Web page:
The plea raises questions about the company's cash position, which has dwindled following some production issues.
A memo provided to the newspaper shows Tesla requested the supplier return what it calls a meaningful amount of money on its payments since 2016. The memo said all suppliers were being asked to help the company become profitable.
The electric car company declined to comment on the specific memo but confirmed that it is seeking price reductions from suppliers for projects, some of which date back that far.
Supply-chain consultants told the paper that sometimes automakers will demand a reduction in price for a current contract going forward or use leverage of the promise of a new deal to get upfront savings. But they say it is unusual for an auto maker to ask for a refund for past work.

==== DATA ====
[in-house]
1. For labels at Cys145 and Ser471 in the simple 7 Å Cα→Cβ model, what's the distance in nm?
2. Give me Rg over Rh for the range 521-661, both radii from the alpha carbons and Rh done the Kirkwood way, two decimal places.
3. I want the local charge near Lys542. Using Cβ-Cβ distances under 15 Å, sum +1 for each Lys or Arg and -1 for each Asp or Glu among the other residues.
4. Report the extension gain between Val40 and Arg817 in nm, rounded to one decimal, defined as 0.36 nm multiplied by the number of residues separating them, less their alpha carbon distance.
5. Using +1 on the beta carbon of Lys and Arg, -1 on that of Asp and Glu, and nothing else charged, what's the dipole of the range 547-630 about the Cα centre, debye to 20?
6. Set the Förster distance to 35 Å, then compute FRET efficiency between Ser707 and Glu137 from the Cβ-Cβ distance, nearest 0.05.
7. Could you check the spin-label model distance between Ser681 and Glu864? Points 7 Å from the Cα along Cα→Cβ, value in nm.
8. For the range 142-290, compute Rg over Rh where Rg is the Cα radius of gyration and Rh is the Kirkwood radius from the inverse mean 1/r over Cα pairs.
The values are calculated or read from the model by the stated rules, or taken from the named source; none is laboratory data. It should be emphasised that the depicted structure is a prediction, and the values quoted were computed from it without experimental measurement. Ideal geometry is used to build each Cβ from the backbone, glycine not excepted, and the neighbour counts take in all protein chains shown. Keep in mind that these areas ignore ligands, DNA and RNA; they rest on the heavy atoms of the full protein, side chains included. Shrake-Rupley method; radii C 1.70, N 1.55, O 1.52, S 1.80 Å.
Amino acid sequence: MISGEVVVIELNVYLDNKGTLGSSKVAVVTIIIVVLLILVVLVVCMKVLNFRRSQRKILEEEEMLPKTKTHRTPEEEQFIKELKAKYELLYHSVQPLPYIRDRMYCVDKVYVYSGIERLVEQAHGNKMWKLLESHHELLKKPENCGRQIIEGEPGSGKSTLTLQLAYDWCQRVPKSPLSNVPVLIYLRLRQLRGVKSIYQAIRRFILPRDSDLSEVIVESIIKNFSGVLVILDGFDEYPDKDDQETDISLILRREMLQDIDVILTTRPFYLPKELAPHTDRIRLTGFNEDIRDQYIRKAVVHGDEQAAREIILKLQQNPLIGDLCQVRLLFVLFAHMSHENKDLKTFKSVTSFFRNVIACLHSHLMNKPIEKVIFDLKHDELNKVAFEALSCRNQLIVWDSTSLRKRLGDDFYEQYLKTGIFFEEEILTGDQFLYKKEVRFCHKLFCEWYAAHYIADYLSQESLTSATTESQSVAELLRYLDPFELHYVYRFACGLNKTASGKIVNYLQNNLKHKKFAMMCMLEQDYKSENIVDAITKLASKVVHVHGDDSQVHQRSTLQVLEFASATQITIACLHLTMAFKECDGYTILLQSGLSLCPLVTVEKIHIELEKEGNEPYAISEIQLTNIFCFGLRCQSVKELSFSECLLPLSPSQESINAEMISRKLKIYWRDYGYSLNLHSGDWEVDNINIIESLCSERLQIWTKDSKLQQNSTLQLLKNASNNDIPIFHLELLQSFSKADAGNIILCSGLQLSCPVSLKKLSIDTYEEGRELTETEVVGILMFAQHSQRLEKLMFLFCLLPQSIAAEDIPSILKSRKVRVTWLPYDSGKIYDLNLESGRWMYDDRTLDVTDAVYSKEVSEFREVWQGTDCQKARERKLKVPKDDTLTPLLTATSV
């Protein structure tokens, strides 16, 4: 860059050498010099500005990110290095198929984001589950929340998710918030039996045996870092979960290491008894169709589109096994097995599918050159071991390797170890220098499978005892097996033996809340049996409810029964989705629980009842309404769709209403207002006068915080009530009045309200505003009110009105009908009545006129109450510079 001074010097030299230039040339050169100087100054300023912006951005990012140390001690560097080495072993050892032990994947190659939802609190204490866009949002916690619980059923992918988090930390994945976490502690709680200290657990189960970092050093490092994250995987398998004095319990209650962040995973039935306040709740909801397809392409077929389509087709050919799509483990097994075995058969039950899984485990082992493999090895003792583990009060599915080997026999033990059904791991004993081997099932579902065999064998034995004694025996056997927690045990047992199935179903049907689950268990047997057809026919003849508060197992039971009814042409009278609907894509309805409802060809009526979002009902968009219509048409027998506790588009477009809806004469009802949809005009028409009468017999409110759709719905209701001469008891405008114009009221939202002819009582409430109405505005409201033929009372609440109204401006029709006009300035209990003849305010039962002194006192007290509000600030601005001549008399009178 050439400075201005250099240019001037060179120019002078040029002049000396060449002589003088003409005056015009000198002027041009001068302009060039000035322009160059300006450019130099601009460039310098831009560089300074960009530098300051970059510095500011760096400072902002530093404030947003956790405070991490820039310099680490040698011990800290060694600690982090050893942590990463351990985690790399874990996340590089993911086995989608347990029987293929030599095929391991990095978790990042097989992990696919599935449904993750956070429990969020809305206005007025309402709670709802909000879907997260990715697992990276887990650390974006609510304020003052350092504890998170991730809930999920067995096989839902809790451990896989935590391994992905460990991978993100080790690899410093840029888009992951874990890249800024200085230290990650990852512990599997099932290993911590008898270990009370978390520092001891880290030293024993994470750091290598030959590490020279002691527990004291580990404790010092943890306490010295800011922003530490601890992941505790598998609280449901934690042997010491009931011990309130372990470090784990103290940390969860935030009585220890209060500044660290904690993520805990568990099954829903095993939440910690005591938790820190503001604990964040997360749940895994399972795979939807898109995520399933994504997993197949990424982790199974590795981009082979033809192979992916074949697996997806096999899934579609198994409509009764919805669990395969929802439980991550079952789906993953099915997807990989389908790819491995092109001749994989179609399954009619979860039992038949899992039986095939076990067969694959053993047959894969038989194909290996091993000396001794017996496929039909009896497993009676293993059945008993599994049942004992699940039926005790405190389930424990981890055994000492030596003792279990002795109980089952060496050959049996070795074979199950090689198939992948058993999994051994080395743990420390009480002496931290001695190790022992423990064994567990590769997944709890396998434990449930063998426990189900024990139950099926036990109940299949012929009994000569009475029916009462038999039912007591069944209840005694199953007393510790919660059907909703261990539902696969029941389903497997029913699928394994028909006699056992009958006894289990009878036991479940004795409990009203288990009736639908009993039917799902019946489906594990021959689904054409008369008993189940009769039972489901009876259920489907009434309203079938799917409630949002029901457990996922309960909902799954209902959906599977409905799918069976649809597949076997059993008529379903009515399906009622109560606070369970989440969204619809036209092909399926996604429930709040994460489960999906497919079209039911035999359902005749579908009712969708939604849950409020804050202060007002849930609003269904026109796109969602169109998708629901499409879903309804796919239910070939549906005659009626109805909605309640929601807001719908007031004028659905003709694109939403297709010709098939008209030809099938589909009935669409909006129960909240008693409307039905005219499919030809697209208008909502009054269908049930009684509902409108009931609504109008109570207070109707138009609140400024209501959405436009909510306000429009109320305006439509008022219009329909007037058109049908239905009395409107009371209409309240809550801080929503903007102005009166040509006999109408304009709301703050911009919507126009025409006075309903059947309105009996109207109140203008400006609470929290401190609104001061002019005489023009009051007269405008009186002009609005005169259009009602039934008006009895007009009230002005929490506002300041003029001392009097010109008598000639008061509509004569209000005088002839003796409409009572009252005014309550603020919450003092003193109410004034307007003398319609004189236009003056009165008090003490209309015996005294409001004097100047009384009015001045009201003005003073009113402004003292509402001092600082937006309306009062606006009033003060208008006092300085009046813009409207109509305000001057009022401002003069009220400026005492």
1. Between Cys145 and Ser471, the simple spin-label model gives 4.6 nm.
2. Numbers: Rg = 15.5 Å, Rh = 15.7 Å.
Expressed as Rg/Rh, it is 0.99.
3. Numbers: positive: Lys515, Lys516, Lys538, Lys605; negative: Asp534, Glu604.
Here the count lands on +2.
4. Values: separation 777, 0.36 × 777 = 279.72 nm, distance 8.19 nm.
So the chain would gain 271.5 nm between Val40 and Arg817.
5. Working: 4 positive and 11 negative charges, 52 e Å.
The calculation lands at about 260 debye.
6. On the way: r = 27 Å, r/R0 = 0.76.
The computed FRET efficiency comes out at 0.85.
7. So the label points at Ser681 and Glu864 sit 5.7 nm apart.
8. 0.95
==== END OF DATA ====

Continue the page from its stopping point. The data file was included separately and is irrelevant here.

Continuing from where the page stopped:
"It's simply ludicrous and it just shows that Tesla is desperate right now," Dennis Virag, a manufacturing consultant who has worked in the automotive industry for 40 years, told the paper.
Tesla has been burning cash at a rate of about $1 billion a quarter and finished the first quarter with $2.7 billion in cash on hand. But it has struggled to balance its desire for growth with the expense of launching new vehicles and building out infrastructure to support its business.